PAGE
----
Before the detailed examination of Dee's writings and activities which illustrate, though often only fragmentarily, this sixteenth century neo-platonism, it may be desirable to construct a more synthesized representation both of it and older doctrines which it graduatlly superseded, which while emphasizing those features chiefly relevant to the present purposes will locate them in their general intellectual context. Such pictures are inevitably artificial and over-simplified, and in exhibiting the main lines of thought of a period must inevitably diverge widely from, or surpass in completeness, diagrammatic clarity, or development of implications, the explicit position admitted by any particular thinker. Their justification is the provision of an initial approximate perspective framework, which can be later modified and corrected in accordance with the demands of any set of concrete details which may be arranged within it. Here they may assist also in the realisation of how it was that so many of the principles and conclusions drawn from these, and so many of the experiments, of the "new philosophy," which today may seem obvious to the point of being self-evident, could then appear revolutionary, far fetched, or absurd - almost the whole of Galileo's work might be taken to illustrate this theme. They may also help to explain the apparent paradox that though it can well be claimed that for classical thought it was Aristotelianism that provided a practical instrument for the organisation of man's experience of the external world, and encouraged, by its scale of values, assisted by its methods, the study of the natural sciences, in which Platonism seemed to have little interest, yet in the Renaissance the roles played by types of philosophy, still validly distinguishable as Aristotelian or Platonic, had, as regards their influence and effects in this field, been exactly reversed.

One important oversimplification necessarily made here must however be initially noticed, to obviate serious distoritions in the impression such an analysis might otherwise appear to be aiming at as regards the actual intellectual situation in the Renaissance. This is the omission in the interests of clarity, of any assessment here of the wide-spread effects of what was rather an outlook, or tendency of thought than a uniform body of doctrine, sometimes termed "naturalism," which penetrated, and sometimes wholly informed the work of thinkers who professed adherence to any oneof the rival schools - as Gremonini or Pomponazzi among Aristotelians, or Bruno and Campanella - while its permeation of certain departments of Dee's thought will be very obvious in later chapters. Building on what was often presented as an extreme empiricism which dispensed with the fictionalized abstractions through which various philosophies viewed the world ordering and evaluating its contents in advance, it was marked by a prodigious credulity and lack of critical spirit towards its data that effectively prevented, since its extreme tolerance inhibited the development of any useful standards of discrimination, any detailed satisfactory system being formed to account for the mass of facts it initially accepted. Rejecting as false the a priori simplification, the reduction of their concrete experiential richness in the interests of intelligibility and of representing them in a manageable form, of particular occurrences, rejecting also the theoretical standards of the typical or the truly causal advanced by the various schools, naturalism was essentially irrational in a fashion which Aristotelianism, Platonism or mathematicism could not be accused of being. By accepting all marvels which seemed to be wekk attestedm as natural products they ended by destroying any clear ideas of natural laws, and also, an important religious consequence, of the miraculous. It was in some respects a protest against that dualism on which both the schoolmen's Aristotelianism and a later mechanical philosophy insisted, and by which alone such systems attained and preserved their "rationality," but a dualism which had also involved the separation or even opposition of the moral consciousness and Nature. But the Nature to which all things on the position rejecting this distinction, were to be ascribed, proved incapable of definition, because its limits could not be laid down. Pantheism and panpsychism were the inevitable consequences. Overall unity was attained by referring all things to the operation of such entities as the World Soul; only in so far as it adopted astrological doctrines into its system did naturalism in any way preserve ideas of law and regularity in nature that were accessible to verification or observation by man, these indeed often provided the common ground where it made contact and fused with the new scientific thought (59). At a lower level practically all explanation was perforcedly in terms of "occult causes"; natural operations could only be conceived of as "magical" in character and, significantly, magnetic phenomena are conceived by thinkers like Cardan and Pomponazzi adopting such a standpoint as the typical exemplar of all causal action in nature, as a symbol providing a general pattern by analogical extension. Such thinkers claimed to be thoroughly experimental in their manner of investigation but even so, as is the case with Porta in his Natural Magick, they were inevitably preoccupied solely with the examination and discovery of isolated, for them unrelatable individual mirabilia.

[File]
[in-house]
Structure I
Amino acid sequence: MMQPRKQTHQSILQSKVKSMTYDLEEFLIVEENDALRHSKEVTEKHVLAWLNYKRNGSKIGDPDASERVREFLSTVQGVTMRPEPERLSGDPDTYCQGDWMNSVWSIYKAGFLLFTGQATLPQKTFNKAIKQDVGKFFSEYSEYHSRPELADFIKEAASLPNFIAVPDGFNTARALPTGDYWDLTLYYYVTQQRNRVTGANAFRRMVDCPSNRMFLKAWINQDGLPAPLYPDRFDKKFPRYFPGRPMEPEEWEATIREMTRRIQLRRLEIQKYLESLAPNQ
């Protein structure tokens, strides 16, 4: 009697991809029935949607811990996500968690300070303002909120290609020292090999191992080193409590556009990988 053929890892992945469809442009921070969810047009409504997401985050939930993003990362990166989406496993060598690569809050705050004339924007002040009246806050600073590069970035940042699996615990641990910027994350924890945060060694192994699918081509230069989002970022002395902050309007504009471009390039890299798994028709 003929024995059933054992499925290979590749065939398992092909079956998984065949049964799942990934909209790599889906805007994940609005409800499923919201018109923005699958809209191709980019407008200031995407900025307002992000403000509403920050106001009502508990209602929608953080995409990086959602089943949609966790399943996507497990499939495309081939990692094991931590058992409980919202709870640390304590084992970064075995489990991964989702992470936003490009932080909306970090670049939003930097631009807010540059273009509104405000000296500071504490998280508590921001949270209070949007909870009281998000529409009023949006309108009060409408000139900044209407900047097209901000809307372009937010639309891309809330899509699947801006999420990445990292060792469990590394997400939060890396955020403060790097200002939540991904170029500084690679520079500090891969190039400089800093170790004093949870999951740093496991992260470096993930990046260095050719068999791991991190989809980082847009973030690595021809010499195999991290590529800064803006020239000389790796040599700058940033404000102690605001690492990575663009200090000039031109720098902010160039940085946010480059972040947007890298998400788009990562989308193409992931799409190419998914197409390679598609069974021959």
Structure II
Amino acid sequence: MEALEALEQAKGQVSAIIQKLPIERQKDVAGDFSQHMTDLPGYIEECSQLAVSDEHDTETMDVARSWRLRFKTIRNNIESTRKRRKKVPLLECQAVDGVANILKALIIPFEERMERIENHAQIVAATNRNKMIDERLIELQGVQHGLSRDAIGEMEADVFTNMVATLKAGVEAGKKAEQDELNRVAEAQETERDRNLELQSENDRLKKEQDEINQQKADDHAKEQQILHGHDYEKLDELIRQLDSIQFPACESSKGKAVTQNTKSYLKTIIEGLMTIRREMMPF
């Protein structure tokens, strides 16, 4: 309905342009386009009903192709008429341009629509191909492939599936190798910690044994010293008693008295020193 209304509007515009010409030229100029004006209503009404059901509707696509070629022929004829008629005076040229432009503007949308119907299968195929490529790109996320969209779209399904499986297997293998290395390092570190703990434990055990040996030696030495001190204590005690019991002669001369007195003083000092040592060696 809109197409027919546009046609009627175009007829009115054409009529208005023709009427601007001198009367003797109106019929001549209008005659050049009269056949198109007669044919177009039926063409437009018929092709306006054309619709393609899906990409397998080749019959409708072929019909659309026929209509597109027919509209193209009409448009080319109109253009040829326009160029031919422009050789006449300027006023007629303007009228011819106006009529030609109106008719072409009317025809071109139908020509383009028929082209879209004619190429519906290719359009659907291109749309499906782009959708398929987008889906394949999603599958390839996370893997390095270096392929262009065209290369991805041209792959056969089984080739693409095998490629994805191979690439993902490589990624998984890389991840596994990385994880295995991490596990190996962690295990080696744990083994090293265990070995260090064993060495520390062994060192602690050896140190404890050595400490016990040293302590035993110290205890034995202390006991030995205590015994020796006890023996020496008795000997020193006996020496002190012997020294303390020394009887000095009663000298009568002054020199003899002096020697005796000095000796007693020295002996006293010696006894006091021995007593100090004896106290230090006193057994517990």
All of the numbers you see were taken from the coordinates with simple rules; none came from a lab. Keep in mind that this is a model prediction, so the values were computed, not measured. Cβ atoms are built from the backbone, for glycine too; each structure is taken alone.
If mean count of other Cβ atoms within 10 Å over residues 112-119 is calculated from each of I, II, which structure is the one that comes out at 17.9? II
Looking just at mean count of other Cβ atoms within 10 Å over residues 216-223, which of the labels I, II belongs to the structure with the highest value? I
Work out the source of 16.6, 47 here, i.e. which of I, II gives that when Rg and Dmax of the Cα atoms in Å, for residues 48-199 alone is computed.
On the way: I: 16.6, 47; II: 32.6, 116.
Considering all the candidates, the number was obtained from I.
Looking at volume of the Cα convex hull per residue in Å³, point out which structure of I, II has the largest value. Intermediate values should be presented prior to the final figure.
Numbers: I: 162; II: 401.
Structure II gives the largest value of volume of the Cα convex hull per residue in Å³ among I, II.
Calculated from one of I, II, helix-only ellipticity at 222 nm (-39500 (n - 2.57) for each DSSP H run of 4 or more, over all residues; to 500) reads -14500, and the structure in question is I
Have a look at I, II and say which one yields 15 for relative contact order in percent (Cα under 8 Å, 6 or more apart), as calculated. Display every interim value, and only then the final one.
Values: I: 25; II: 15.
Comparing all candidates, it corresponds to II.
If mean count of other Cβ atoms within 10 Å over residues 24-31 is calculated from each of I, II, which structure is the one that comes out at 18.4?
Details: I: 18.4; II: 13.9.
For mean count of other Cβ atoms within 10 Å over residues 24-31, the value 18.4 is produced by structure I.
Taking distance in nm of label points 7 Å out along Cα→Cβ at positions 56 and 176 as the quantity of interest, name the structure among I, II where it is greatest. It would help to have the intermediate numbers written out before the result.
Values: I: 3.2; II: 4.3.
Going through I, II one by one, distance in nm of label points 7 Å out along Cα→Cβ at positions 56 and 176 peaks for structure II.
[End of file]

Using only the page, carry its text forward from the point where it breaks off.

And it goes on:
The immense range of such supposed facts they collected and their open-mindedness to these (60) is illustrated by the vast number of prodigies that are this starting point, the data the work sets out to explain, of Pomponazzi's de Incantationibus, originally written as an answer to a Paduan physician who had submitted a number of puzzling cases - of patients cured of burns or erysipelis "solis verbis et carminibus" etc. - and to show the naturalness of all such happenings. This feature indeed provides a sharp contrast with the extreme selectivity as regards typical data, of the new science in regard to certain fields where it was successfully able to insist on quantitative observations and mathematical investigation solely - the minute number of cases for instance upon which Stevin and Galileo were able to found the whole structure of a mechanics - indeed a chief contributary to the power and later influence of the science of the Renaissance, in the development of which Dee assisted, was the restricted number of phenomena thoroughly analysed which formed its fcore and from which ground it gradually, thereafter, irresistably conquered increasingly extensive surrounding areas of experience (61).